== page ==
National symbols of Indonesia are symbols that represent Republic of Indonesia. It can represent Indonesia as a nation, Indonesian people, culture, arts, and its biodiversity. The official symbols of Indonesia are officially recognize symbols that represent Indonesia and enforced through Indonesian laws. These symbols of the state that represent Indonesian nationhood are Garuda Pancasila, Merah-Putih flag, Indonesia Raya national anthem, and Indonesian language.
Other than these official national symbols of Indonesia, there are also other symbols that widely recognize and accepted to represent Indonesia, yet does not necessarily being enforced by Indonesian laws. However some symbols that previously unnoficially recognized and had not enforced by law finally gain official recognition through law edict, such as Indonesian national flora and fauna that enforced by law in 1993.
Other articles related to "national symbols of indonesia, indonesia, national, of indonesia":
... the culturally and ethnically diverse nation such as Indonesia, the national dishes are not just staple, popular or ubiquitous dishes such as Nasi Goreng or Gado-gado ... As a result, it is impossible to nominate a single national dish of Indonesia ... Sate and Soto are good examples of Indonesian national dishes, since there is no singular satay or soto recipes ...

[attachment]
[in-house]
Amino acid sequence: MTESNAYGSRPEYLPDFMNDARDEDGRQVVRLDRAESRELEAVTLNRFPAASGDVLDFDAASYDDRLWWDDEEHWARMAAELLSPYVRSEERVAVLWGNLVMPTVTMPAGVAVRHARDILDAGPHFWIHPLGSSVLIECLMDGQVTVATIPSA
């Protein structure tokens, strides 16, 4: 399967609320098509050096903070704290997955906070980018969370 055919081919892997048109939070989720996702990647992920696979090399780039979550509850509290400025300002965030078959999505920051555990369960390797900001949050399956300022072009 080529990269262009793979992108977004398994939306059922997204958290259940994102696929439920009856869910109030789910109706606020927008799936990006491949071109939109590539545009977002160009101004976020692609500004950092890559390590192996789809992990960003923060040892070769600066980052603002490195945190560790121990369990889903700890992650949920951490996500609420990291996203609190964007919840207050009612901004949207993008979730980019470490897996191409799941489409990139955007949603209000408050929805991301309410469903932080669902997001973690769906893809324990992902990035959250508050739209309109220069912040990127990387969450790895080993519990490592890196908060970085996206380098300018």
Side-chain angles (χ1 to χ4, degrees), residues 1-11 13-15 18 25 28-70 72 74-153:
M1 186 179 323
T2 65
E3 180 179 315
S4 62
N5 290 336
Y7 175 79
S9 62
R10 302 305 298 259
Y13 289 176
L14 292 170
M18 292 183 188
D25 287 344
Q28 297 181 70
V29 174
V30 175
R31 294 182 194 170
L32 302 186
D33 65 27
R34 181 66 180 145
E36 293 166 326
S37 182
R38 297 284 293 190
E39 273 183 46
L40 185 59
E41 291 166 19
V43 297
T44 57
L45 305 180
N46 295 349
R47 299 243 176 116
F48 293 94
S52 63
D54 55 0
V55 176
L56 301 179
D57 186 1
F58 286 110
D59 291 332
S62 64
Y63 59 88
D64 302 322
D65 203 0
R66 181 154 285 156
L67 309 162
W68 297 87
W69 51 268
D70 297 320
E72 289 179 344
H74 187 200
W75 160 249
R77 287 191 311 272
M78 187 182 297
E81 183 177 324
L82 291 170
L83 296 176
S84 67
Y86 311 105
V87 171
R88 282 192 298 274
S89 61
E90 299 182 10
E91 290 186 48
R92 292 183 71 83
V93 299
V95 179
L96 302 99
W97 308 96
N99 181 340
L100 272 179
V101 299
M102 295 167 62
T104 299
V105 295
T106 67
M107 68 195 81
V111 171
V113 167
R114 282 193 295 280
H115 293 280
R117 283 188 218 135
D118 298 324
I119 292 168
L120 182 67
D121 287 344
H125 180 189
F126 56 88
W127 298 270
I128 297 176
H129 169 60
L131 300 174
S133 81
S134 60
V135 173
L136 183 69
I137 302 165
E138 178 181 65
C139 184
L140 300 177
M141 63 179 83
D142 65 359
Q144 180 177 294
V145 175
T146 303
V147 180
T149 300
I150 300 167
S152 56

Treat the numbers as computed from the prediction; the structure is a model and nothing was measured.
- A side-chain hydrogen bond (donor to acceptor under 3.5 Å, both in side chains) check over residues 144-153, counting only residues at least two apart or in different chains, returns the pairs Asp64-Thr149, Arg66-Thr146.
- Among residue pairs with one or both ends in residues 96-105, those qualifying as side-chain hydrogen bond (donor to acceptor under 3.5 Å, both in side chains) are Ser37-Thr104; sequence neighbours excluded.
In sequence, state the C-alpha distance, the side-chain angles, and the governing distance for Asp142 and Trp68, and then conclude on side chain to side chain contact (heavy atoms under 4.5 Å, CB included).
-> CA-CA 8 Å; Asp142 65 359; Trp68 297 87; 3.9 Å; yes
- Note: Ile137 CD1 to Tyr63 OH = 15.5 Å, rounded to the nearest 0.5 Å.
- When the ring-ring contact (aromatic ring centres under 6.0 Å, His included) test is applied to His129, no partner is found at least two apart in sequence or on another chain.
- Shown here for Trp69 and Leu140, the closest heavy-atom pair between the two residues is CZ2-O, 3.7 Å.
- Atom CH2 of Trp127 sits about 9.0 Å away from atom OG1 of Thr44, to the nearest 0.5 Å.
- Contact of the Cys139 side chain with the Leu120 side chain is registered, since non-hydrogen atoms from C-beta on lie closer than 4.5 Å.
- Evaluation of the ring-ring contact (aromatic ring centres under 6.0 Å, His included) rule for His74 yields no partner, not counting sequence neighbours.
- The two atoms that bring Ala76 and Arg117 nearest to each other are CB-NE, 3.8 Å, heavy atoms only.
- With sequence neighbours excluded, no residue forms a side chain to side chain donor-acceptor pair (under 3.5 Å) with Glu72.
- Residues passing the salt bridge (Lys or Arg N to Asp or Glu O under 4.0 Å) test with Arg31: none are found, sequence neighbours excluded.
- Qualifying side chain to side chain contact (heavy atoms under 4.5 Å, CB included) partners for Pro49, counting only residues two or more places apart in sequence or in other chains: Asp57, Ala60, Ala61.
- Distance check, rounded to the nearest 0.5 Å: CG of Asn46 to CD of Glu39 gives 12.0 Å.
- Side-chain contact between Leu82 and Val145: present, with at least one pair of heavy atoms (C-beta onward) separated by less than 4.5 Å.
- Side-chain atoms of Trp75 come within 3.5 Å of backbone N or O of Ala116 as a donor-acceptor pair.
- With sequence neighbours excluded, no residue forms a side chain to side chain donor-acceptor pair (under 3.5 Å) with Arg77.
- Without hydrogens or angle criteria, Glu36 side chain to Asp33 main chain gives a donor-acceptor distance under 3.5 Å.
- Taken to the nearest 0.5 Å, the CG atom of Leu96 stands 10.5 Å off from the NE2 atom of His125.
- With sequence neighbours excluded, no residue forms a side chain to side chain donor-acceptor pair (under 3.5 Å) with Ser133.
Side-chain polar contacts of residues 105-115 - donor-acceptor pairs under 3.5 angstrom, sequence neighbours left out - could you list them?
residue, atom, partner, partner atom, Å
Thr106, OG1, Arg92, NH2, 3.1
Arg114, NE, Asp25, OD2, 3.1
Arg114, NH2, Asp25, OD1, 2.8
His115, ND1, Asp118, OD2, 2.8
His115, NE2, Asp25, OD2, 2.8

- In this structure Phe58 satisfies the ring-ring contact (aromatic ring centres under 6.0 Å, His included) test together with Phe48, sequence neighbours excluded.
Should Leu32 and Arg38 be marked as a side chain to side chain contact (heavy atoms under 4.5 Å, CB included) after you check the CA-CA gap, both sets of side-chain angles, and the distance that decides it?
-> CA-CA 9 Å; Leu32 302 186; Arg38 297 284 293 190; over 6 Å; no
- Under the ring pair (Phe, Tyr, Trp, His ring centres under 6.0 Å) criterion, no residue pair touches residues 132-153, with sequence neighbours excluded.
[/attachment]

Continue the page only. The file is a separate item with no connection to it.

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“Childrens lives are not shaped solely by their families or immediate surroundings at large. That is why we must avoid the false dichotomy that says only government or only family is responsible. . . . Personal values and national policies must both play a role.”
—Hillary Rodham Clinton (20th century)
“If the Americans, in addition to the eagle and the Stars and Stripes and the more unofficial symbols of bison, moose and Indian, should ever need another emblem, one which is friendly and pleasant, then I think they should choose the grapefruit. Or rather the half grapefruit, for this fruit only comes in halves, I believe. Practically speaking, it is always yellow, always just as fresh and well served. And it always comes at the same, still hopeful hour of the morning.”
—Johan Huizinga (18721945)